Wednesday, February 23

John Batchelor's latest analysis of Libya crisis: financial markets haven't yet priced in worst of worst-case scenarios for Arab revolt

UPDATE January 24 2:00 AM ET
Reporting last night for NBC television news from Tobruk (which is under the control of the rebels), veteran MENA reporter and NBC Chief Foreign Correspondent Richard Engel (who speaks fluent Arabic) said he'd heard that Libyan soldiers who'd defected were guarding the oil wells. Of course that's a very vague report but it comports with a more detailed one provided yesterday at a Filipino website, Manila Bulletin Online. The Bulletin report was put together from AP and AFP wire service reports; I'll skip to the part about oil facilities:
[...] Protesters claim to control a string of cities, from the Egyptian border in the east – where guards at the crossing fled – to the city of Ajdabiya, about 450 miles (725 kilometers) farther west along the Mediterranean coast, said Tawfiq al-Shahbi, a protest organizer in the eastern city of Tobruk.

Ajdabiya is a key city near the oil fields of central and eastern Libya. Protesters and local tribesmen were protecting several of the fields and facilities around the city, said one resident, Ahmed al-Zawi.

Residents are also guarding one of Libya's main oil export ports, Zuweita, and the pipelines feeding into it, he said. The pipelines are off and several tankers that had been waiting in the port to load left empty, said al-Zawi, who said he visited Zuweita on Tuesday morning. [...]
So I think it stands to reason that at least in the region under the control of the rebels, soldiers have defected in large numbers and thus, are probably guarding or helping to guard the wells, at least in that region. As to whether they'll be able to maintain control of the region is another question.

VOA report on the latest developments in Libya.

See John Batchelor Show website for all the links John provides in the following summary of his Tuesday radio show's discussion of the Libya situation and the al Jazeera video he mentions:
Burn the Wells
By John Batchelor on February 23, 2011 2:37 AM

Spoke Joseph Brusuelas [Bloomberg LLP chief economist], David Kotok [Cumberland Advisors], Pat Lang [Sic Semper Tyrannis blog; former DIA], Larry Johnson [No Quarter blog; former CIA and State], re the threats by Muammar Gaddafi that he will wreck his country and murder Libyans and burn the wells.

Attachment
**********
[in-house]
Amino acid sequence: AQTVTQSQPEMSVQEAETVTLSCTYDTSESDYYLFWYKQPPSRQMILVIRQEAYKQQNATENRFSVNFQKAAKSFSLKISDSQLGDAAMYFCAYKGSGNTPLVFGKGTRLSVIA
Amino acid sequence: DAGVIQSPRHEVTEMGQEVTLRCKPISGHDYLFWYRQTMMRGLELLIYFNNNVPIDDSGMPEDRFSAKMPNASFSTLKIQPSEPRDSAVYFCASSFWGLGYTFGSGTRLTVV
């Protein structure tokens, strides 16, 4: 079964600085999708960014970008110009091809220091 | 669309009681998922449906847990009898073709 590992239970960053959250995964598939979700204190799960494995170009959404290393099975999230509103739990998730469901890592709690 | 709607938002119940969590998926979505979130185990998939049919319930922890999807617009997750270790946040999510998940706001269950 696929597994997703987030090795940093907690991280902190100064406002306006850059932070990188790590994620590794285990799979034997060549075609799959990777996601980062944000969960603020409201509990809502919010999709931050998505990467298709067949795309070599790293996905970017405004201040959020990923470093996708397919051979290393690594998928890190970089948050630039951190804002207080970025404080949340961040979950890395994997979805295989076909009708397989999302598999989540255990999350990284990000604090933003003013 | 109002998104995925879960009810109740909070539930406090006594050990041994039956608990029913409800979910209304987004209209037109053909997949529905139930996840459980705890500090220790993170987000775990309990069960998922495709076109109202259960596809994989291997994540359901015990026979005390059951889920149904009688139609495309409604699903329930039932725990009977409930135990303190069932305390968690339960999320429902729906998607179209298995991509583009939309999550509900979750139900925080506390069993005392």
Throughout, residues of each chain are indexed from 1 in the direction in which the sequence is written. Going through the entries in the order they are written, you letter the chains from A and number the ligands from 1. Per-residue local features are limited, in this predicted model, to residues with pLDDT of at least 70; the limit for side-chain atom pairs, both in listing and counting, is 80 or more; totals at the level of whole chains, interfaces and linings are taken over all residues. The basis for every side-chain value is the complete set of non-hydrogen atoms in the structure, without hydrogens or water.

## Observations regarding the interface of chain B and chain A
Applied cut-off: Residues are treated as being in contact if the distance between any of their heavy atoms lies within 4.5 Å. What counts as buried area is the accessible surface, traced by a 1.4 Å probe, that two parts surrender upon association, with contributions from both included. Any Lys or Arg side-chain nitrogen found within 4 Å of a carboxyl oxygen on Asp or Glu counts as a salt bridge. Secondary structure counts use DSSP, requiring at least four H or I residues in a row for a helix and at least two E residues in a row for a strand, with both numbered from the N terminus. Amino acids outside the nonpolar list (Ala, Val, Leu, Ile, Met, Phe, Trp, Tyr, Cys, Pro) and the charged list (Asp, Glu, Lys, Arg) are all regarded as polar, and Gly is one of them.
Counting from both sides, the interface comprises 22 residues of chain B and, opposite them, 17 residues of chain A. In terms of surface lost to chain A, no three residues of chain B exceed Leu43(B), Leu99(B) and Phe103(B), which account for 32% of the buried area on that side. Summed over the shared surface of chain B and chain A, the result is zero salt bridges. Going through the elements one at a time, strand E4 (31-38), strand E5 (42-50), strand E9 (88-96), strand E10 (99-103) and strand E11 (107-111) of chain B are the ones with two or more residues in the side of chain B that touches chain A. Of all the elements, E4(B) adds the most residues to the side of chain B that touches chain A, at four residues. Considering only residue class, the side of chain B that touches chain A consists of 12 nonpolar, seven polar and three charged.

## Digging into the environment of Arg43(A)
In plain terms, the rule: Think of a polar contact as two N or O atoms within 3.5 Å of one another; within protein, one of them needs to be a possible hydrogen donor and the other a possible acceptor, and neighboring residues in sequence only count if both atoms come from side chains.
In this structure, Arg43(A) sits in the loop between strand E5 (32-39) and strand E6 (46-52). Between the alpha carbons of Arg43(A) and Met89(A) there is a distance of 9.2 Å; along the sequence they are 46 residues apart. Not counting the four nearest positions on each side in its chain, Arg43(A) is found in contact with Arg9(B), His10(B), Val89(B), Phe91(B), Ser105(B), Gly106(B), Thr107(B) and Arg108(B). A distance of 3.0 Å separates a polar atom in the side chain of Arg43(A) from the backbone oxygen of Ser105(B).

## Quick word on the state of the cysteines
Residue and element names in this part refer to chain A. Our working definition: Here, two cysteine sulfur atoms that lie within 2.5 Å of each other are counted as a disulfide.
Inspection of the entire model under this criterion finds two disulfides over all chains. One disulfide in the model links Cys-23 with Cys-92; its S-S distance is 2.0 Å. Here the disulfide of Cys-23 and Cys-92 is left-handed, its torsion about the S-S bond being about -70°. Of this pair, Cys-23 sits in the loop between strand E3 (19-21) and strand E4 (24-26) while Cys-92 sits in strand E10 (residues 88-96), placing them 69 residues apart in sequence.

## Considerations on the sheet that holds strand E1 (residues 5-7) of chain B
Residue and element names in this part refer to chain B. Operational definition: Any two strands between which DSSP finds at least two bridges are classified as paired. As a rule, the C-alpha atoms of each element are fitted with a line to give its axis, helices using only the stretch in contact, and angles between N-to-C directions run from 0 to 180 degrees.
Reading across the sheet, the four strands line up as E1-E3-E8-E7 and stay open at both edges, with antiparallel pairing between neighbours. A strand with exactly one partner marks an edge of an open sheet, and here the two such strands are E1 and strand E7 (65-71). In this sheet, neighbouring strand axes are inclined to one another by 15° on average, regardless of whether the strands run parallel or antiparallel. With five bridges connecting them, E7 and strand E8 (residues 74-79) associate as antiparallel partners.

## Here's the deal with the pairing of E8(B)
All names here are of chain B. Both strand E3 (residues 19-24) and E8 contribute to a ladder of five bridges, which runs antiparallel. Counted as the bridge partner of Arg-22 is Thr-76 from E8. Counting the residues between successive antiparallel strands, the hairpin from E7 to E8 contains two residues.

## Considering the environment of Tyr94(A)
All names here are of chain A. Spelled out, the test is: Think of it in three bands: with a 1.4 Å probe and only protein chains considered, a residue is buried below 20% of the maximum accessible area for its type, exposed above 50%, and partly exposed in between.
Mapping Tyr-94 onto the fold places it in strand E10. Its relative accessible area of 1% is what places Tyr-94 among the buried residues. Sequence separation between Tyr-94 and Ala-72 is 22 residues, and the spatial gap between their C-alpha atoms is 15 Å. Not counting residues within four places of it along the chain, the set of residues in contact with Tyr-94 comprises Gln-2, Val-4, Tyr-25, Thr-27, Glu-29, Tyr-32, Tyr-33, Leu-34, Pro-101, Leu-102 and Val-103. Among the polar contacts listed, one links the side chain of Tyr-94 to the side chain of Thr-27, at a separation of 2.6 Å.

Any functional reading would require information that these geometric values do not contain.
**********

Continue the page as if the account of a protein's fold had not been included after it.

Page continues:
The critical detail is what the Libyan anarchy does to the markets. Kotok is very bearish on the markets and said he was longer on cash than at anytime since September 2008, and he wished he had more of the energy sector. Kotok believes oil is a one-way trade to $120 on Brent crude, and it can go much higher.

Pat Lang listened to Gaddafi's speech in Arabic and says that it was even crazier than the English version. We also spoke of the sudden return of King Abdullah of Saudi Arabia to Riyadh from Morocco [where he was recuperating from health problems] at least nine months early. Trouble in the kingdom, with a protest movement planned for after prayers on Friday.

Pat Lang says the Saudis will crush the Bahrain opposition. At evening's end Joe Brusuelas mentioned that he was surprised and spooked about how bearish Kotok is, how grim and certain of worse he found Lang and Johnson. The market has not priced in the worst-case scenario of the Arab revolt.

The worst of worst cases is that Gaddafi survives, and the EU is forced to make deals with a monster.

See the bottom video, from Al Jazeera, of the screams of horror of women watching Gaddafi goons wandering the streets with clubs.
See here for the podcasts of all the show's segments, and here for the schedule for the show, which provides a synopsis of each segment.

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